Point of view is one of my favorite skills to teach. When students begin to think more about points of view that differ from their own, they become more understanding towards other kids. I don’t know any classroom that wouldn’t benefit that!
Below are some no prep point of view writing activities that you can use with almost any book. All students need is a sheet of paper! And, even better, you can repeat these point of view writing activities multiple times – great for a reading or writing center. (The links below for books are affiliate links.)
Point of View Writing: Fiction
After your students read a narrative, there are a variety of no prep writing activities you can have them complete that will get them thinking critically about point of view.
1. Have students rewrite the narrative from a different character’s point of view.
Ask students to think about what new thoughts, ideas, and information would be included if a different character was telling the story. Fractured fairy tales like The True Story of the Three Little Pigs and Seriously, Cinderella Is SO Annoying are really fun models of this activity. But this activity is not limited to fairy tales – students can rewrite ANY narrative (find some good fiction books for teaching point of view here) that has multiple characters from a different point of view, and usually they will have a lot of fun doing it!
2. Have students rewrite the narrative from their OWN point of view.
Ask students to replace the main character of the story with themselves, thinking about what they would have done differently from the main character. What decisions would they have made differently? How would the plot have changed? What would they have said differently?
This writing activity directly relates to the Third Grade Common Core English Language Arts Reading Literature Standard 3.6: Distinguish their own point of view from that of the narrator or those of the characters.
3. Have students rewrite the narrative from a different perspective.
This is a good activity for students that are working on distinguishing between first, second, and third person points of view. If the narrative was written in the first person point of view, have students rewrite the same story from a third person point of view, or vice versa.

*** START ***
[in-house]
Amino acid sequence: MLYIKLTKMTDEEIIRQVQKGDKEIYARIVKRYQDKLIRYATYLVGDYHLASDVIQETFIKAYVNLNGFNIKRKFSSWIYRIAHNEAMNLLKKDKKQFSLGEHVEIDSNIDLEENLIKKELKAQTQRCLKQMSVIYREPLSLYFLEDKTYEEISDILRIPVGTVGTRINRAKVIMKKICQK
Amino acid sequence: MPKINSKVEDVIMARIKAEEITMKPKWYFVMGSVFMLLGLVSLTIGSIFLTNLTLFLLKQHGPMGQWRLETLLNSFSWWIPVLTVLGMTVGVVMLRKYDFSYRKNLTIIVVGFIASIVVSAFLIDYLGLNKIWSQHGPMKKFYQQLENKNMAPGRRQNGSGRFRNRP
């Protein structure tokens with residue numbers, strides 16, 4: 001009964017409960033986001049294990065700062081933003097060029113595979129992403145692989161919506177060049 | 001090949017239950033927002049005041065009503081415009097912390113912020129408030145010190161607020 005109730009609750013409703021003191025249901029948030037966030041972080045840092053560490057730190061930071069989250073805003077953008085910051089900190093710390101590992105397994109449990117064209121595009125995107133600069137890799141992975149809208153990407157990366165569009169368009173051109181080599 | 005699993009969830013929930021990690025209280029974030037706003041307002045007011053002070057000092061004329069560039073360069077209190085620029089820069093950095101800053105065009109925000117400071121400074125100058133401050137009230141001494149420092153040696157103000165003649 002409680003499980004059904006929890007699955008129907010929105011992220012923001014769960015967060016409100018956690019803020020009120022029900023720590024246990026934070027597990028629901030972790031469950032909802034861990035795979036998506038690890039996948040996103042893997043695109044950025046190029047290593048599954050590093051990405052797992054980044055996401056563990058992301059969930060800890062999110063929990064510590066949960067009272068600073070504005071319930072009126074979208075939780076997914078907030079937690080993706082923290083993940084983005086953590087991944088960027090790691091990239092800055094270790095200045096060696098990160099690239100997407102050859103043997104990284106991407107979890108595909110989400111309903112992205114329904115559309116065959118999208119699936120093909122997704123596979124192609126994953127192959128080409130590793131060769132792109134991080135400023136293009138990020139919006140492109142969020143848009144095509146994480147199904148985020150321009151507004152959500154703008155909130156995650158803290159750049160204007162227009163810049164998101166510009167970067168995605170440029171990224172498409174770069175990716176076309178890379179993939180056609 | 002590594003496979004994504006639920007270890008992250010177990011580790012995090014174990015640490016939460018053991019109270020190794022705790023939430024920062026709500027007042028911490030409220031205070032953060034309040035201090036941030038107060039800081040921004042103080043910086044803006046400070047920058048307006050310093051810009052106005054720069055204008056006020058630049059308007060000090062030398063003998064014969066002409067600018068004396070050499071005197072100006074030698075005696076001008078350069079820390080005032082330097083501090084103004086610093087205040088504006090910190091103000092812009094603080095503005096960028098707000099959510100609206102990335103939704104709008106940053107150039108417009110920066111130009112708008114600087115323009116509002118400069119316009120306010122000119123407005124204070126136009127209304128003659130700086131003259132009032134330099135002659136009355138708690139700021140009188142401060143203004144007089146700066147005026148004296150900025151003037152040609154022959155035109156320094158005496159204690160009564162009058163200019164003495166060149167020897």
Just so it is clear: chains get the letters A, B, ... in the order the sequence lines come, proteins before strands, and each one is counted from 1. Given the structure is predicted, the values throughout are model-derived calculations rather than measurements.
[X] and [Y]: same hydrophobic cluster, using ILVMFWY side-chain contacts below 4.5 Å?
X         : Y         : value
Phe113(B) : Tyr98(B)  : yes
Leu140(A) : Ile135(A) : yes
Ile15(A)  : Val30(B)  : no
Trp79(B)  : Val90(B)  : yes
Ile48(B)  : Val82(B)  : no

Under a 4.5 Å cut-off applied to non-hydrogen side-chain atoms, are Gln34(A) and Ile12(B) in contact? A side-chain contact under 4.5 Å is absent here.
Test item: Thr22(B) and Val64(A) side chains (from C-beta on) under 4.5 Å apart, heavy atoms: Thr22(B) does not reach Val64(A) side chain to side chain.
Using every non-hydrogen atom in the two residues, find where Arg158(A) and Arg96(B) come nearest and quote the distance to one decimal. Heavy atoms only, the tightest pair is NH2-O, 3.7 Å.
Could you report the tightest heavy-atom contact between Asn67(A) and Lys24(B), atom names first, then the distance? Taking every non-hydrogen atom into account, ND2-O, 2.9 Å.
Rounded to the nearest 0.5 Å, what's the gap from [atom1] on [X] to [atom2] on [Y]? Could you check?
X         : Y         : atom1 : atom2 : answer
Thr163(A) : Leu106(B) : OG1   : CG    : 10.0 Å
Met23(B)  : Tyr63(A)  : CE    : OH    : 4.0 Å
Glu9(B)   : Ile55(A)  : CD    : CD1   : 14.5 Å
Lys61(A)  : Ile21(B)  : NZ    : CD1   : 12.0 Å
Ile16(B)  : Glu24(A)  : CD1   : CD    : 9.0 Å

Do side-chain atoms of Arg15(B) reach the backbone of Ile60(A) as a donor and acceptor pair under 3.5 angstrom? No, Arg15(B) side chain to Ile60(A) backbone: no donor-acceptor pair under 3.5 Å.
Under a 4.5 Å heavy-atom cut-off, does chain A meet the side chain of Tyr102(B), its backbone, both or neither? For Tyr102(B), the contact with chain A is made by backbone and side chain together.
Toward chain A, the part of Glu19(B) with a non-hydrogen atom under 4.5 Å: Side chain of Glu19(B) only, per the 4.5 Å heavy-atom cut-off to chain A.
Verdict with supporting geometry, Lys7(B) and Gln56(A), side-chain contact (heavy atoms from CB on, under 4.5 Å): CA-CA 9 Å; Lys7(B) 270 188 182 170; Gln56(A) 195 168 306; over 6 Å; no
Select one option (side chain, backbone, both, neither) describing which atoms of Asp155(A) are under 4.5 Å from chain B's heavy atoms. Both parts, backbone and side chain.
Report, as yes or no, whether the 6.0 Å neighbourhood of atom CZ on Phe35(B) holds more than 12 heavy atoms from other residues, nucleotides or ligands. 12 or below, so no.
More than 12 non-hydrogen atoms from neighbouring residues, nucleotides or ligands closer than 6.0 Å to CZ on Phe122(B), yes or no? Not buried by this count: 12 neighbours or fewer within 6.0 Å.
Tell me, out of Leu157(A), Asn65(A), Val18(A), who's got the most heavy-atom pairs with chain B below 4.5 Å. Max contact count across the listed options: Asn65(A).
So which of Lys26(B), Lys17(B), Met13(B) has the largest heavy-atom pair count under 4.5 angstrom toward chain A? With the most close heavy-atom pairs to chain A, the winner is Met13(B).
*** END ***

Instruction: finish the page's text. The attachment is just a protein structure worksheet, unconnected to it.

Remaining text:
This point of view writing activity relates to the Fourth Grade Common Core English Language Arts Reading Literature Standard 4.6: Compare and contrast the point of view from which different stories are narrated, including the difference between first- and third-person narrations.
Point of View Writing: Nonfiction
Integrating writing into nonfiction point of view lessons might require a little more prep simply because students need to be knowledgeable about the nonfiction topic they are writing about. As long as the students have the background information necessary in order to be successful, however, students can complete these activities with minimal prep.
1. Have students rewrite a nonfiction passage from an opposing viewpoint.
In children’s nonfiction, sometimes the author’s point of view is not very clear. In a nonfiction children’s book about sharks, for example, it might seem that the author is simply stating shark facts. However, all nonfiction is written with the author’s point of view, however subtle it comes across. Does the author thinks sharks are dangerous? Does the author think people overreact in their fear of sharks?
Help students figure out what the author’s point of view is in a nonfiction text, and then have them rewrite the passage from a different viewpoint. If the author believed sharks to be dangerous, have students write a about how sharks are not dangerous if you take safety precautions.
2. Have students write about a topic from two different points of view.
This is a great activity to get kids thinking critically about points of view other than their own. Have students write about the same topic from two different points of view. For example, you could have students write about why a cat would make a good pet, as well as why a cat would make a terrible pet.
Students at this age have a hard time understanding other people’s points of view if it contrasts with their own. This activity can help make them more open-minded about people with views that oppose their own.
Here’s some possible topics for students to write about:
When students have to start writing from different points of view, it makes them think more critically and behave more empathetically towards those that are different from them, as well as gives them practice writing!
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